Many years ago, in Fairfax, VA some friends adopted a young child from Vietnam.  She arrived with a small wicker basket containing her every possession and without one word of English.  By the time Wee-Sook got to high school and played in the marching band, her mother said she was more American than Americans.  Jessie and I are becoming more African than the Africans.

Yesterday we left Pinehurst in the dark of the morning (5:15 a.m.) and drove to Ivy, VA near Charlottesville to hear The Rev. Canon Sandy McCann, M.D. preach at St. Paul’s church.  It was nearly a 5 hour drive.  Someone commented:  “You are driving 5 hours to go to church?”   It made me think of our African friends, some who walk, WALK! for hours to get to a church service and once there, stay until dark.   Would I walk barefooted or in flip flops to praise God?  I am afraid I know the answer.  I was in a comfortable warm car, viewed the lovely hill country of Albemarle County, and sat in a white pointsettia-bedecked church to sing those familiar Epiphany hymns.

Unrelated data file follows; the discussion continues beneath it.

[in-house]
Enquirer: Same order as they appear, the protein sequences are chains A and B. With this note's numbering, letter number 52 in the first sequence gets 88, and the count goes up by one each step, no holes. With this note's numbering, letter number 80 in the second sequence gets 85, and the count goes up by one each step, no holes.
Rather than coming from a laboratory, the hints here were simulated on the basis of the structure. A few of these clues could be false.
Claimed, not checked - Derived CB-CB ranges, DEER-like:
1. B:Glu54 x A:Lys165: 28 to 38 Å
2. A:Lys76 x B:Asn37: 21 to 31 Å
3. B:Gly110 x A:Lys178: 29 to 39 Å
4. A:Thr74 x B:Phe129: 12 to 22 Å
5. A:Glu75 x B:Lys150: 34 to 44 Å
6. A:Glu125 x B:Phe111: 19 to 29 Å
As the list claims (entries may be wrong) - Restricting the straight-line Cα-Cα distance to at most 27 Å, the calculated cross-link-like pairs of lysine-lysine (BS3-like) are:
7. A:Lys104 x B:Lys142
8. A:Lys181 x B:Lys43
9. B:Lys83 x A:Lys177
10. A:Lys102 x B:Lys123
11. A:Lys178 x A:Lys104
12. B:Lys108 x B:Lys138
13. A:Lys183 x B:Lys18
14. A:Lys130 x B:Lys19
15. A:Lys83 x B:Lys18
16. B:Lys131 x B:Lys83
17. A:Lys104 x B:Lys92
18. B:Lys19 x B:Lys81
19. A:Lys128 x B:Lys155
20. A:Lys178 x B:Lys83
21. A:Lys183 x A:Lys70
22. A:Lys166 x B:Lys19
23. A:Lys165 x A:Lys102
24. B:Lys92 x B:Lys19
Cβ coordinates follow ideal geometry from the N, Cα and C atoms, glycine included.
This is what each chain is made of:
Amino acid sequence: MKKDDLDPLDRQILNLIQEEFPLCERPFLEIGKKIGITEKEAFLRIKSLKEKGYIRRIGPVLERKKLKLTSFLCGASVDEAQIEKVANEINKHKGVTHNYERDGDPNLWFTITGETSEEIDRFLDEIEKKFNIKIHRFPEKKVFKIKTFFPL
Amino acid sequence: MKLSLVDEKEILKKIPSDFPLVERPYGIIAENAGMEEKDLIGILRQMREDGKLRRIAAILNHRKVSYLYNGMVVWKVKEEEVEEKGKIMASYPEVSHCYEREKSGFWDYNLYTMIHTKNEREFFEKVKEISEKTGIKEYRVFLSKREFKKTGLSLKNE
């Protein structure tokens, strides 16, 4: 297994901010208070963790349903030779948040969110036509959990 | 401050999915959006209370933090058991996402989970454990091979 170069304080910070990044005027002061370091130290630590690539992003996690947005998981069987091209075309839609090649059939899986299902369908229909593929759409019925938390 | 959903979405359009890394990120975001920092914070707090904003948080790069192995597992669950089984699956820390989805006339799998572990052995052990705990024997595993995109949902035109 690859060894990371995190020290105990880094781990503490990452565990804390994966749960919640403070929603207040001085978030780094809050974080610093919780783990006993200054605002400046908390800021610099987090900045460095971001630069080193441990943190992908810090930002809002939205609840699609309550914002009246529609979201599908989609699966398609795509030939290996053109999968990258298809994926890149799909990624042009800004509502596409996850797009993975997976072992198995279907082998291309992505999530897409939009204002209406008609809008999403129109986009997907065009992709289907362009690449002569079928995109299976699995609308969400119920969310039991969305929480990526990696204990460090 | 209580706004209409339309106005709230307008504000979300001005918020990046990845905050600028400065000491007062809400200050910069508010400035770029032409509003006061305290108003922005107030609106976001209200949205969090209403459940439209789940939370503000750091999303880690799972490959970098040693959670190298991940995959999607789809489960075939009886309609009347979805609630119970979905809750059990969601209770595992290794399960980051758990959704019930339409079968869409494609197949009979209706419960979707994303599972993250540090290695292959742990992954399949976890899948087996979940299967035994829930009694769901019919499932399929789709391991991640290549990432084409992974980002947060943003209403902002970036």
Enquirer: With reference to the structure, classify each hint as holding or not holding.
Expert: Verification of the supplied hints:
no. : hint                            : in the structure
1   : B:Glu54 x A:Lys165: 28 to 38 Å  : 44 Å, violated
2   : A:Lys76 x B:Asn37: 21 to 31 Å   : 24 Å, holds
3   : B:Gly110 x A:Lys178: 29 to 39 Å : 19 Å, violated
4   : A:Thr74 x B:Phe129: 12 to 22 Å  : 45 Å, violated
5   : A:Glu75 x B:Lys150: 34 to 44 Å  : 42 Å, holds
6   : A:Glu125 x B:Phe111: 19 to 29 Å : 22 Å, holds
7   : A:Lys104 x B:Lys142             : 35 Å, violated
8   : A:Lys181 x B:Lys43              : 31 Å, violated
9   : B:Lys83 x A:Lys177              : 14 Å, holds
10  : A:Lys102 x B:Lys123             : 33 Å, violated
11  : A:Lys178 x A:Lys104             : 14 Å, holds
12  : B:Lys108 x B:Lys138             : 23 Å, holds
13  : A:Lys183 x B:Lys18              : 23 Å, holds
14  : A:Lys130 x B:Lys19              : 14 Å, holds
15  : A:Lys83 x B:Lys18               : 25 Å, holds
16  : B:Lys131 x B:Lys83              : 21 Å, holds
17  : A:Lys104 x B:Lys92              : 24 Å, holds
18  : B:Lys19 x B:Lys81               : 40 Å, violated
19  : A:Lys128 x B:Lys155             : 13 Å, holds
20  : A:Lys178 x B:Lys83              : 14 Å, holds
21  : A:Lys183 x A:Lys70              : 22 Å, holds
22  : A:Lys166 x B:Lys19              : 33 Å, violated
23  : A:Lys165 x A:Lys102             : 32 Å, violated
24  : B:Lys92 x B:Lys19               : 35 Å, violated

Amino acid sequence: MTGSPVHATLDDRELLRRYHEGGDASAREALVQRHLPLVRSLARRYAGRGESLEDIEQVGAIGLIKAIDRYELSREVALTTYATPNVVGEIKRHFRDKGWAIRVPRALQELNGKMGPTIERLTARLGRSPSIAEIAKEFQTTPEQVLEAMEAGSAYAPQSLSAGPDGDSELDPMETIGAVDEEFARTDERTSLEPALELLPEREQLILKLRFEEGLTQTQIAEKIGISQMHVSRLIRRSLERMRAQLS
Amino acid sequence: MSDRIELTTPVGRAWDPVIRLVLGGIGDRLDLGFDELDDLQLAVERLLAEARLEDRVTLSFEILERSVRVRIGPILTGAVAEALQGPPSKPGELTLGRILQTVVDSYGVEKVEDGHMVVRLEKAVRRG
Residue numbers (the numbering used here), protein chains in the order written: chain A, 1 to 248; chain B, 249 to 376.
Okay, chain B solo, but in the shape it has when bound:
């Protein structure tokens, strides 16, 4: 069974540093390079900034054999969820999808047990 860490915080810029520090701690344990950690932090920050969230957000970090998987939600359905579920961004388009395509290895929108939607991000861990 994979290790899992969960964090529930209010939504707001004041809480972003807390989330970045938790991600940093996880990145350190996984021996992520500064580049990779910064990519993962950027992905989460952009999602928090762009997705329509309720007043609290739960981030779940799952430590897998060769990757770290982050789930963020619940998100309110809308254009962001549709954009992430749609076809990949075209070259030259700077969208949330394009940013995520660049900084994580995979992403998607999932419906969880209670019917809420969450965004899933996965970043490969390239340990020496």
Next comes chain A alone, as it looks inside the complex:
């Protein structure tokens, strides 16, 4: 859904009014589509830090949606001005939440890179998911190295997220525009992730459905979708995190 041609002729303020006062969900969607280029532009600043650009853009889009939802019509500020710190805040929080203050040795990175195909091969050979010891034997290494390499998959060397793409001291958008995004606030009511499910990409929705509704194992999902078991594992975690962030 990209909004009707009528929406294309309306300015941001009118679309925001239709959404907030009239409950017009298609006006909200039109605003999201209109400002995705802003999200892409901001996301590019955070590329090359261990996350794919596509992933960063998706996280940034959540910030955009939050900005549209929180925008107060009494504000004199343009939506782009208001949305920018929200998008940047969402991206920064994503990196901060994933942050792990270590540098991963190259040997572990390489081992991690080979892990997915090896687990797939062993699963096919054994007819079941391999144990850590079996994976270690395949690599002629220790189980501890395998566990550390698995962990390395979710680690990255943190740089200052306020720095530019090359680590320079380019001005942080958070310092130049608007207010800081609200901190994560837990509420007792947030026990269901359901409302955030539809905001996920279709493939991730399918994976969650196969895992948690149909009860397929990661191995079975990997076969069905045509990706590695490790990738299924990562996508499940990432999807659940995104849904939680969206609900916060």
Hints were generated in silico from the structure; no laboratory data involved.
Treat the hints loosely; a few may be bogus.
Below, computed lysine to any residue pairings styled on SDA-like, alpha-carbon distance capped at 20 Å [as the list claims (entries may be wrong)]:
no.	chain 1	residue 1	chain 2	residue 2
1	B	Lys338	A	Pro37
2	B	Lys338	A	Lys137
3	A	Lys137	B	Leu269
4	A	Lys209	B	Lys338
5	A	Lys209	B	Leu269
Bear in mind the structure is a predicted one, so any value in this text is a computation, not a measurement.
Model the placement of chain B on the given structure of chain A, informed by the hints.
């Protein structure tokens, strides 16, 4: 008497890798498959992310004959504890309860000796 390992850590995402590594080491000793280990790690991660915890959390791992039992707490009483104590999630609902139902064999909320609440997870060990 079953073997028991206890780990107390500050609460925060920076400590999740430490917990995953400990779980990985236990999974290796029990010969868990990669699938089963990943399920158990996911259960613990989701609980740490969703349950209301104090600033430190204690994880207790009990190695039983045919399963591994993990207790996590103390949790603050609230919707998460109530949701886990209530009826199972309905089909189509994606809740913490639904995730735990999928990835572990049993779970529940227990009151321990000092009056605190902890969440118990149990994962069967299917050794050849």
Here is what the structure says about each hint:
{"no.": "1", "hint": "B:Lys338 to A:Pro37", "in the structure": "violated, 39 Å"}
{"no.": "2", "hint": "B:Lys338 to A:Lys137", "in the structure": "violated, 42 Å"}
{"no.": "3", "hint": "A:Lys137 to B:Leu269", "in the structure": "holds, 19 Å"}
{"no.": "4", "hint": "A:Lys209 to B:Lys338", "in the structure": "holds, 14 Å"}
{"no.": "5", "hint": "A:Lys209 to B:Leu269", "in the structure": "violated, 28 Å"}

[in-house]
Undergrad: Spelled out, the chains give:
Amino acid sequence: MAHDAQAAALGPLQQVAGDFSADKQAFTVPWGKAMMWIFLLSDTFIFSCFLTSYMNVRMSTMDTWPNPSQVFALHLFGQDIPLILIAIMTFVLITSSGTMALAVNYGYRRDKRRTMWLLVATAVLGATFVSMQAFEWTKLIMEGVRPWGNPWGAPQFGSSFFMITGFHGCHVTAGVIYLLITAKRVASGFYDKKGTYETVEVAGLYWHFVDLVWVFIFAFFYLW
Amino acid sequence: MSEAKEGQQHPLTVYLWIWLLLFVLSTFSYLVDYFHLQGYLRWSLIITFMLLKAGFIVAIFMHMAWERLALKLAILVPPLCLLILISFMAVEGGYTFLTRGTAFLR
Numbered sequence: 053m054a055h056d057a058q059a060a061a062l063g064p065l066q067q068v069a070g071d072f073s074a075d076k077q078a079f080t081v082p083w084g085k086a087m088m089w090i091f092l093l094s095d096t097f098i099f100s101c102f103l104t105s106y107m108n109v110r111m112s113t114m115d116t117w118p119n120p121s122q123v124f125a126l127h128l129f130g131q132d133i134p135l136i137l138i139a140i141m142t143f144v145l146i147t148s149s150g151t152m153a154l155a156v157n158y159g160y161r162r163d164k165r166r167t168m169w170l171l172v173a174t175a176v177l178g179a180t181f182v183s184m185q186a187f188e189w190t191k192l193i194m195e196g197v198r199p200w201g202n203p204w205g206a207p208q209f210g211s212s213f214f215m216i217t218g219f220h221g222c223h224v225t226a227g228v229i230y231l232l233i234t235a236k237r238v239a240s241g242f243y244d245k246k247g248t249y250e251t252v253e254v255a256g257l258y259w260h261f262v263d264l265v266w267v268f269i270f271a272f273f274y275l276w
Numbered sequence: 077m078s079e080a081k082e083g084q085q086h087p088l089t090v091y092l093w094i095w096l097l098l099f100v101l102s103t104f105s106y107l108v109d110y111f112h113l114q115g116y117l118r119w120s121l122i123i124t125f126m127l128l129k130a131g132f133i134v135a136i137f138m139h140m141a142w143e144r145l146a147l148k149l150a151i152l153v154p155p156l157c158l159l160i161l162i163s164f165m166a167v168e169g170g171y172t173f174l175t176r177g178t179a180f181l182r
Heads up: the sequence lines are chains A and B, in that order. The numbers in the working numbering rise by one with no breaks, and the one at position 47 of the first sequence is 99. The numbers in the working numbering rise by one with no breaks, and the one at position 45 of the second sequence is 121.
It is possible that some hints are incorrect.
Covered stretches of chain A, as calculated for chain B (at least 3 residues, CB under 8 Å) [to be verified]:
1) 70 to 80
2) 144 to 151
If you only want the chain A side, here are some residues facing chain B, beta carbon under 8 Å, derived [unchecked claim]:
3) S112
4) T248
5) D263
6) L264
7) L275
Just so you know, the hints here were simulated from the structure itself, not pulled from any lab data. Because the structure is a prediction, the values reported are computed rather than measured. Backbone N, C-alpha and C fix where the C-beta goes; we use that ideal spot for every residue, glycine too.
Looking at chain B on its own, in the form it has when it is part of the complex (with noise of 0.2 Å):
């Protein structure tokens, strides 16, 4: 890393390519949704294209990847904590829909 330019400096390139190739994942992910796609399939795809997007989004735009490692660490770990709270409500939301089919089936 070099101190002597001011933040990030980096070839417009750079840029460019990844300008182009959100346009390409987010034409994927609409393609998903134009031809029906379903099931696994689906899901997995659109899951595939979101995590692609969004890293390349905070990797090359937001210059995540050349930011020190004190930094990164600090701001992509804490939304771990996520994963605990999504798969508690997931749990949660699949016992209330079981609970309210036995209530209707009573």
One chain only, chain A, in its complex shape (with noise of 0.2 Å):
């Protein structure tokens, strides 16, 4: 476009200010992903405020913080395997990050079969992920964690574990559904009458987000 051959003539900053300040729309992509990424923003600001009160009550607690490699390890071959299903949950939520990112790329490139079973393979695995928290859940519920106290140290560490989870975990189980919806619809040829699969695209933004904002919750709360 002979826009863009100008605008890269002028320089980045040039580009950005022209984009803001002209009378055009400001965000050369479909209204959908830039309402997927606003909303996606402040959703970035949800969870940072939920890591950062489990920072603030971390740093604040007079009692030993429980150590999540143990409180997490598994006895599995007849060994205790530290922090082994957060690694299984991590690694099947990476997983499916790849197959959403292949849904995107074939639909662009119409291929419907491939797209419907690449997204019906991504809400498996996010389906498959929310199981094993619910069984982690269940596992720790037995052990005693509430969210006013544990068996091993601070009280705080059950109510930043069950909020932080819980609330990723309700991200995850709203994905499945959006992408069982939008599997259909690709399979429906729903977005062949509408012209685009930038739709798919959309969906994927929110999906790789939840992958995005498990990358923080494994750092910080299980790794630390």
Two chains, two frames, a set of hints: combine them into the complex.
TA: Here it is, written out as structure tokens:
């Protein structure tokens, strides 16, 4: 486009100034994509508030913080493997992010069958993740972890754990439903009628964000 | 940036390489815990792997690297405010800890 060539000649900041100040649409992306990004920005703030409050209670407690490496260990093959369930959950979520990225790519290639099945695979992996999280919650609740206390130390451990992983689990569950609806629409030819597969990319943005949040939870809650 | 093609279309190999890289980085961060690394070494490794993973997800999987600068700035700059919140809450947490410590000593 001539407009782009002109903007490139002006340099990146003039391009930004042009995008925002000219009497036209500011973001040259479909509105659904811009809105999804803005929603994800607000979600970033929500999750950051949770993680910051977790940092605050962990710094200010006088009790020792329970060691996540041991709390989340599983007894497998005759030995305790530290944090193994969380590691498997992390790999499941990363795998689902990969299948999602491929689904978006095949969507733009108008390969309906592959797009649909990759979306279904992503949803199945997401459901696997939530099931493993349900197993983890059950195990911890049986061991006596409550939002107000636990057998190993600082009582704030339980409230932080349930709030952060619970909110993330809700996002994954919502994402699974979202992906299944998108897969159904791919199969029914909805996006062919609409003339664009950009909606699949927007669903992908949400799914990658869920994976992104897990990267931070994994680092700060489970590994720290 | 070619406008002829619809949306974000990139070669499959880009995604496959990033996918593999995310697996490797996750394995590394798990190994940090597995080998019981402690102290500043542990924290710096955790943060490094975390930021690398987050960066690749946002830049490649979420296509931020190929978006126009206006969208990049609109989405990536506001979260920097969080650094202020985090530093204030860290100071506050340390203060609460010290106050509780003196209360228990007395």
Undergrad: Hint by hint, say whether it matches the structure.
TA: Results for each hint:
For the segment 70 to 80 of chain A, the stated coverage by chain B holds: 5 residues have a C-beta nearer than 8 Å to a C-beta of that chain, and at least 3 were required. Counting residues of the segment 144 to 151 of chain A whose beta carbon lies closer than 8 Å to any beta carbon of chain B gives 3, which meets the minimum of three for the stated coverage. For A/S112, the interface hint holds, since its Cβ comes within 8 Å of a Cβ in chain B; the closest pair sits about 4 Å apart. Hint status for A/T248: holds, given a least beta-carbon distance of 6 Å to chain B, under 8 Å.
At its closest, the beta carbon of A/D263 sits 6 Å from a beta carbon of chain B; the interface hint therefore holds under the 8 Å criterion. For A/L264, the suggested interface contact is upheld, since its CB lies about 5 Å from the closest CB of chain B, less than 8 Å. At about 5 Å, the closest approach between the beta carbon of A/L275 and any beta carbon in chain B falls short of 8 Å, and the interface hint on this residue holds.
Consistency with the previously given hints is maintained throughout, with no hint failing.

Sandy was great ~ truly an inspiration to us and so totally committed to her life and work in Tanzania.  Every dime she makes preaching in America goes to Msalato Theological College, for she sees the importance of well-trained pastors to bring the villagers out of “darkness.”  Epiphany means “manifestation or a striking appearance.”  I learned a new word yesterday ~ EPIPHANIC.  It means living a life of ever expanding epiphanies, ever expanding discoveries; a life of suddenly seeing God in the most unlikely places. (Fred Thompson)   That is one thing the Africans are doing for me.  Who would expect to find God in what looks sometimes like a God-forsaken place?  We do, even though we sometimes have to drive 5 hours or fly 27 hours to do so.  We got home at 7:30 p.m. ~ left in darkness and returned in darkness, but we glimpsed the light in between.  Light and love to you all.  Tally